Aside from the physical impact, the mental strain would increase day by day, too. At first, it’s probable that you’d feel tired and cranky – with drowsiness setting in after just 24 hours. And, sticking within our one-week time frame, it’s also likely that you’d be plagued by hunger pains. If, for some inadvisable reason you’re voluntarily forcing yourself to go without food, you’ll experience constant physical reminders of why what you’re doing is a very bad idea. If you’re in the unfortunate situation wherein you’ve been enforced into a period of starvation, then you may struggle to maintain hope (or any kind of positive outlook) after just a couple of days.

The longer your starvation goes on, the more severe the mental effects become – with depression setting in before the week is out. Anyone starved for longer than that would likely experience listlessness, confusion and paranoia too. And regardless of how long any individual lasts, the last few days and hours of their life would likely be a long series of hallucinations, triggered by the liver and kidney disorders that will’ve set in after extreme weight loss. With hormone levels perhaps irreparably altered, even were a starvation sufferer to be saved at this point, they may never regain the same personality or emotions that they once had.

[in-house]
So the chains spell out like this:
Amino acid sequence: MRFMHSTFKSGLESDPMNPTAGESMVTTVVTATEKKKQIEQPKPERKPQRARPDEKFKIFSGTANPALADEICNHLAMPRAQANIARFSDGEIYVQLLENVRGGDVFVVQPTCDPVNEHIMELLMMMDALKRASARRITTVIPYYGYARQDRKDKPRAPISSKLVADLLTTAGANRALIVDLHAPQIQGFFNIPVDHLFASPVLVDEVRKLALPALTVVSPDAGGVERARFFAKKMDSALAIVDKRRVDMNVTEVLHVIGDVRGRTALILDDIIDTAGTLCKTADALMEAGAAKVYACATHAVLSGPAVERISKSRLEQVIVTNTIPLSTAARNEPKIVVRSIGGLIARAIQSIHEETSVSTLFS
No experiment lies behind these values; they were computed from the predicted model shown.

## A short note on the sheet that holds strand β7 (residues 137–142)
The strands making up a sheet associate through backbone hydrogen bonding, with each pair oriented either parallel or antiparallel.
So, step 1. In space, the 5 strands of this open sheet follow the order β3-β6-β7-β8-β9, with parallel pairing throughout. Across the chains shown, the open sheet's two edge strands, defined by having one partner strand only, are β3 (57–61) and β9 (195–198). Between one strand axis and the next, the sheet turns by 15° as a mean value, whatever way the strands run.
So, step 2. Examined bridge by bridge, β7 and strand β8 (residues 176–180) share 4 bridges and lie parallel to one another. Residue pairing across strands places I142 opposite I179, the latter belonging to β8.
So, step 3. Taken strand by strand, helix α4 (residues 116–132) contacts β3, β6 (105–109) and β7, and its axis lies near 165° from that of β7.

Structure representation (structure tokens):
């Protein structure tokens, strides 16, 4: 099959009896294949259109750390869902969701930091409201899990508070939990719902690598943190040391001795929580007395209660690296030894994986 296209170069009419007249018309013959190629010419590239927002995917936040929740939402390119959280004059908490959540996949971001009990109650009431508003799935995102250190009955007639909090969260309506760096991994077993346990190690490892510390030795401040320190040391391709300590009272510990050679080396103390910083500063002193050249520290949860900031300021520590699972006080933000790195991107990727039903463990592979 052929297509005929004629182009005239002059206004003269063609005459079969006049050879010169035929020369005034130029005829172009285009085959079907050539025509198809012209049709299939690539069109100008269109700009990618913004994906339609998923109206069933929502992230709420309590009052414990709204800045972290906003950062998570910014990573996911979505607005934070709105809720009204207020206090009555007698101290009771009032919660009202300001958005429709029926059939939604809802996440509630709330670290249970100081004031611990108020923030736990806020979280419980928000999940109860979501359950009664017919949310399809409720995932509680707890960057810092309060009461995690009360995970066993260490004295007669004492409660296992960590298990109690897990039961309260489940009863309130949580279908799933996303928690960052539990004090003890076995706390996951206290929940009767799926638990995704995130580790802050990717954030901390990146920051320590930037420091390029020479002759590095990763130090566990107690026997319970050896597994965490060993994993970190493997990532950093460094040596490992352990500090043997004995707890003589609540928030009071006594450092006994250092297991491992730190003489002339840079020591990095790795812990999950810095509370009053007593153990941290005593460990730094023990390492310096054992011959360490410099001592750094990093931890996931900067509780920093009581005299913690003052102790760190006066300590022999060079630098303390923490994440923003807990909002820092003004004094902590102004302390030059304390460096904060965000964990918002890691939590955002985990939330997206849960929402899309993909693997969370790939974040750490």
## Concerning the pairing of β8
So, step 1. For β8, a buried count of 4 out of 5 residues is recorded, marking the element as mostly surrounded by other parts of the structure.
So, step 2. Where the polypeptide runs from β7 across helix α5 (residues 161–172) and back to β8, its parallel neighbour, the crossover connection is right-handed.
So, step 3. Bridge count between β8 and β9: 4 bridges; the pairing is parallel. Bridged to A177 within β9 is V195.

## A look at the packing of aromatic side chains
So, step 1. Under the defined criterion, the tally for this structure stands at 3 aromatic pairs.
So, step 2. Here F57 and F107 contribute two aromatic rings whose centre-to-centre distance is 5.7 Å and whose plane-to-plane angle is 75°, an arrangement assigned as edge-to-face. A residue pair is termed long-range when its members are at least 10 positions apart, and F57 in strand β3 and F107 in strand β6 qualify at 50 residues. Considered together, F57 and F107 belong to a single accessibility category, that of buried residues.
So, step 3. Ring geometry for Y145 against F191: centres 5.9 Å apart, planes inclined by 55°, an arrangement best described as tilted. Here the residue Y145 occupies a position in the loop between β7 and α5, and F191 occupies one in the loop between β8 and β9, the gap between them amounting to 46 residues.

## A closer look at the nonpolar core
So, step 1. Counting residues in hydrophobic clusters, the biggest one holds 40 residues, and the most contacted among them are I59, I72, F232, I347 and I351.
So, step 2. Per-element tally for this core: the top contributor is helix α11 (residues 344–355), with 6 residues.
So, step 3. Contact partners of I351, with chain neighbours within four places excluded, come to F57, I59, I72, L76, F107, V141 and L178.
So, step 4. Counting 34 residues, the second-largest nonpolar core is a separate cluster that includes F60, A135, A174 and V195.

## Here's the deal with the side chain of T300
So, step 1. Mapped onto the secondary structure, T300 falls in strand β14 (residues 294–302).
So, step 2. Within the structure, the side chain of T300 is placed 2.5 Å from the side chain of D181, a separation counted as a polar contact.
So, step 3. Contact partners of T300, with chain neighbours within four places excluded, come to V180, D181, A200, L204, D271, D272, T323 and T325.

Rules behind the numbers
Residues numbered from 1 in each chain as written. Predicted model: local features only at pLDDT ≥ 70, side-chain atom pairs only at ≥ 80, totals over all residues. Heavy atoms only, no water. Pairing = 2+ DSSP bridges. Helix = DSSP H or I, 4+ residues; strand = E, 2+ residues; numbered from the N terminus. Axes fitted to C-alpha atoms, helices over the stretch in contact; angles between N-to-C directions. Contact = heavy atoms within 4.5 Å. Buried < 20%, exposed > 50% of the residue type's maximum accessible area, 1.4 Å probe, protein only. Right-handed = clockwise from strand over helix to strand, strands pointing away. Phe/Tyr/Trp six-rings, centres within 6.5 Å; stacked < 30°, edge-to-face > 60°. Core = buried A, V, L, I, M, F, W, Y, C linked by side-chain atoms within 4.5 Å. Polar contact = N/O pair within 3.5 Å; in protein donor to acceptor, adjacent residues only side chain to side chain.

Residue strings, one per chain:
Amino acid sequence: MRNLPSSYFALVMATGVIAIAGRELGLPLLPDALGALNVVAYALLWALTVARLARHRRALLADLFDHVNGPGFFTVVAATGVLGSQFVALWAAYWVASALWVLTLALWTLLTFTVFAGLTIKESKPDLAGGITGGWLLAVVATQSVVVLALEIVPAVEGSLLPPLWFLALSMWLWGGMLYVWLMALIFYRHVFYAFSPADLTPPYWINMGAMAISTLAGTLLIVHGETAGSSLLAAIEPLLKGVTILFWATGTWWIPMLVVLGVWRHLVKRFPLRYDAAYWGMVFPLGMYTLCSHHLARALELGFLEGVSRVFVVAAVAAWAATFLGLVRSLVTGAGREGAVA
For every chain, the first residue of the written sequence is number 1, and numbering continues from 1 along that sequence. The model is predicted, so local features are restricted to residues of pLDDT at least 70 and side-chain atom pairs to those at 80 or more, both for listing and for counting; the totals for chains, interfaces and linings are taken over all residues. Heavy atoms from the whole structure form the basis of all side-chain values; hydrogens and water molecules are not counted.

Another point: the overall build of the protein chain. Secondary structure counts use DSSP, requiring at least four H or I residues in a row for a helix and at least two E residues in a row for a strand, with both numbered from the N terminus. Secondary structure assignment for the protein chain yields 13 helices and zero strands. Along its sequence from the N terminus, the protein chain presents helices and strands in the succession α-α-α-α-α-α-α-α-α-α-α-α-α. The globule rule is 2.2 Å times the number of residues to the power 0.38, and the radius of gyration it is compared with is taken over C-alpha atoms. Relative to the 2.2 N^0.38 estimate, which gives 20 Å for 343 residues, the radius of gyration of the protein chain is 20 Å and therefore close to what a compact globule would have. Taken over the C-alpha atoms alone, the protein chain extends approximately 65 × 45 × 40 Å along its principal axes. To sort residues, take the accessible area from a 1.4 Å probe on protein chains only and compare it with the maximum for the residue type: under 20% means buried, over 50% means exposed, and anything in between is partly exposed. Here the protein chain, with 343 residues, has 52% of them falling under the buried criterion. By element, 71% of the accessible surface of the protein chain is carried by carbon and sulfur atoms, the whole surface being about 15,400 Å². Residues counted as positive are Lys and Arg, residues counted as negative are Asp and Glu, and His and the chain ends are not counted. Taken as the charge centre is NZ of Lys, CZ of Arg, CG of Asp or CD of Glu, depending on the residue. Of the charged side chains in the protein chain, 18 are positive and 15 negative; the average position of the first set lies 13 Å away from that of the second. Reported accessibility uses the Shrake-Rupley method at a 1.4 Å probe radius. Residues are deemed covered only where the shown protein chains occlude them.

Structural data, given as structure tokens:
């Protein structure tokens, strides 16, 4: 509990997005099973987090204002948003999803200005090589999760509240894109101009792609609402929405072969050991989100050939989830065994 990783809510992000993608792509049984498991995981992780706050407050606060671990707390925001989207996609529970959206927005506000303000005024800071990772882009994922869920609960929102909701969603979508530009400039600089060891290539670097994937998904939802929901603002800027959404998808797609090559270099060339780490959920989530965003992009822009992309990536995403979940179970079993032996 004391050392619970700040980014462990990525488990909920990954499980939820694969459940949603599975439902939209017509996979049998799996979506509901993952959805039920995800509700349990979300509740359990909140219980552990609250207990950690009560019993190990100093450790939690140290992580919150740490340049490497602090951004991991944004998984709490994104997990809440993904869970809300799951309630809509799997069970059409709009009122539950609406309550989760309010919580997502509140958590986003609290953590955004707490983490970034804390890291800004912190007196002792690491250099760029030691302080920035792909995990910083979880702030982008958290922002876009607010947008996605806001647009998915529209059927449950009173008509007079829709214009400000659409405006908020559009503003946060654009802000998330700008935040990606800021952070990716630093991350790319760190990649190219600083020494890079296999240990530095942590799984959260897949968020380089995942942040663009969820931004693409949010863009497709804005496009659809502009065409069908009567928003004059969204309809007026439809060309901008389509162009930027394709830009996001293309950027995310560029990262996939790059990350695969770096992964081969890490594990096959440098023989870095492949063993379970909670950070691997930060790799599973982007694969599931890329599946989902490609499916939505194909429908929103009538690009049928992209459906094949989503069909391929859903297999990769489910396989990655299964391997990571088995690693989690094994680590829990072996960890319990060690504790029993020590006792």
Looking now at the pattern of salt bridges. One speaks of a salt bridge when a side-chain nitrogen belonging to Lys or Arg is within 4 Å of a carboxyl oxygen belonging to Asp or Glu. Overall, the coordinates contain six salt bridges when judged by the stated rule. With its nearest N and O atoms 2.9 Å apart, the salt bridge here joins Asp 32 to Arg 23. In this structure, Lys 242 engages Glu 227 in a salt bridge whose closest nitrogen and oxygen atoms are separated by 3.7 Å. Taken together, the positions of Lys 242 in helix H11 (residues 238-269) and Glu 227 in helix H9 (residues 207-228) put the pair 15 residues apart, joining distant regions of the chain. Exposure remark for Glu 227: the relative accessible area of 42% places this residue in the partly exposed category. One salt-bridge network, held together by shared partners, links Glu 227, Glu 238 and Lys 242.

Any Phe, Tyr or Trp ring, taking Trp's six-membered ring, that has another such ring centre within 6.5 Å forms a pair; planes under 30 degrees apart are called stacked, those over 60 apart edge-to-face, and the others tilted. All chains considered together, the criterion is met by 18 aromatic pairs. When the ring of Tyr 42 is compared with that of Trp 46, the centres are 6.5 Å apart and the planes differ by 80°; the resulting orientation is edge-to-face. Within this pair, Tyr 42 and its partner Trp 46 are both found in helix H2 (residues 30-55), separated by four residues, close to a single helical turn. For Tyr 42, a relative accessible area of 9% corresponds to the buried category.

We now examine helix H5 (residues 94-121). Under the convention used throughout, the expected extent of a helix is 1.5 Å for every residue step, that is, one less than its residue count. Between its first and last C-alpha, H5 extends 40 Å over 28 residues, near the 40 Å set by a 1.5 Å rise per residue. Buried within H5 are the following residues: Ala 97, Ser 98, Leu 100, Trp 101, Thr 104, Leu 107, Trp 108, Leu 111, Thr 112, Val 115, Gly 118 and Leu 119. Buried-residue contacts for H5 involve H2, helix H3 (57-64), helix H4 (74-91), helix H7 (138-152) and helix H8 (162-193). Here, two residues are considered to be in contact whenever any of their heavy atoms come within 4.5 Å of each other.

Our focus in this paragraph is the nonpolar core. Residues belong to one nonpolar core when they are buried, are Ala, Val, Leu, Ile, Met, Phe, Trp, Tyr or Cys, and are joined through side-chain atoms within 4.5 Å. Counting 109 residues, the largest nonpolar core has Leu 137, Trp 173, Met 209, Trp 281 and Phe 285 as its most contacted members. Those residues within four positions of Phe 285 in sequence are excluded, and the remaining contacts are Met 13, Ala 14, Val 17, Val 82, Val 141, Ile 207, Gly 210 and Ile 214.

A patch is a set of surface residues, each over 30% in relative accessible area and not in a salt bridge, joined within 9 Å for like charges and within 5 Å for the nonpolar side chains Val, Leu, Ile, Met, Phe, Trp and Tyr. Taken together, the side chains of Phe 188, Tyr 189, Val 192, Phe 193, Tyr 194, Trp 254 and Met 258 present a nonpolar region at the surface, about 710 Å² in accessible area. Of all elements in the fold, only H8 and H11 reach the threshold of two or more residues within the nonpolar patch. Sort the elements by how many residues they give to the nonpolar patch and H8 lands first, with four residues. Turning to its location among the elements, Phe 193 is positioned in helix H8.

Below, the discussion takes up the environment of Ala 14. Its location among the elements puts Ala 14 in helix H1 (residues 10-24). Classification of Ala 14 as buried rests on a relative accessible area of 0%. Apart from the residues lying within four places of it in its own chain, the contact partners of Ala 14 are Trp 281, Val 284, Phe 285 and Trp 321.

If you do find yourself having to survive without food, then remaining hydrated is absolutely vital. As was mentioned at the start of this video, a week without food probably won’t kill you, but go without water and it probably will! Nevertheless, a week without eating would wreak havoc on your health, with muscle wastage setting in before the seven days are out. From there, you place yourself at risk of contracting all manner of potentially fatal illnesses, and you inevitably risk inflicting lasting damage onto your mental health.

All things considered, it’s a very bad idea to voluntarily go without food for long periods of time. We feel hungry because our body is reminding us of how important our nutrition is. If we deny ourselves food, then we’re denying ourselves a chance to be healthy. And that just doesn’t make sense, at all.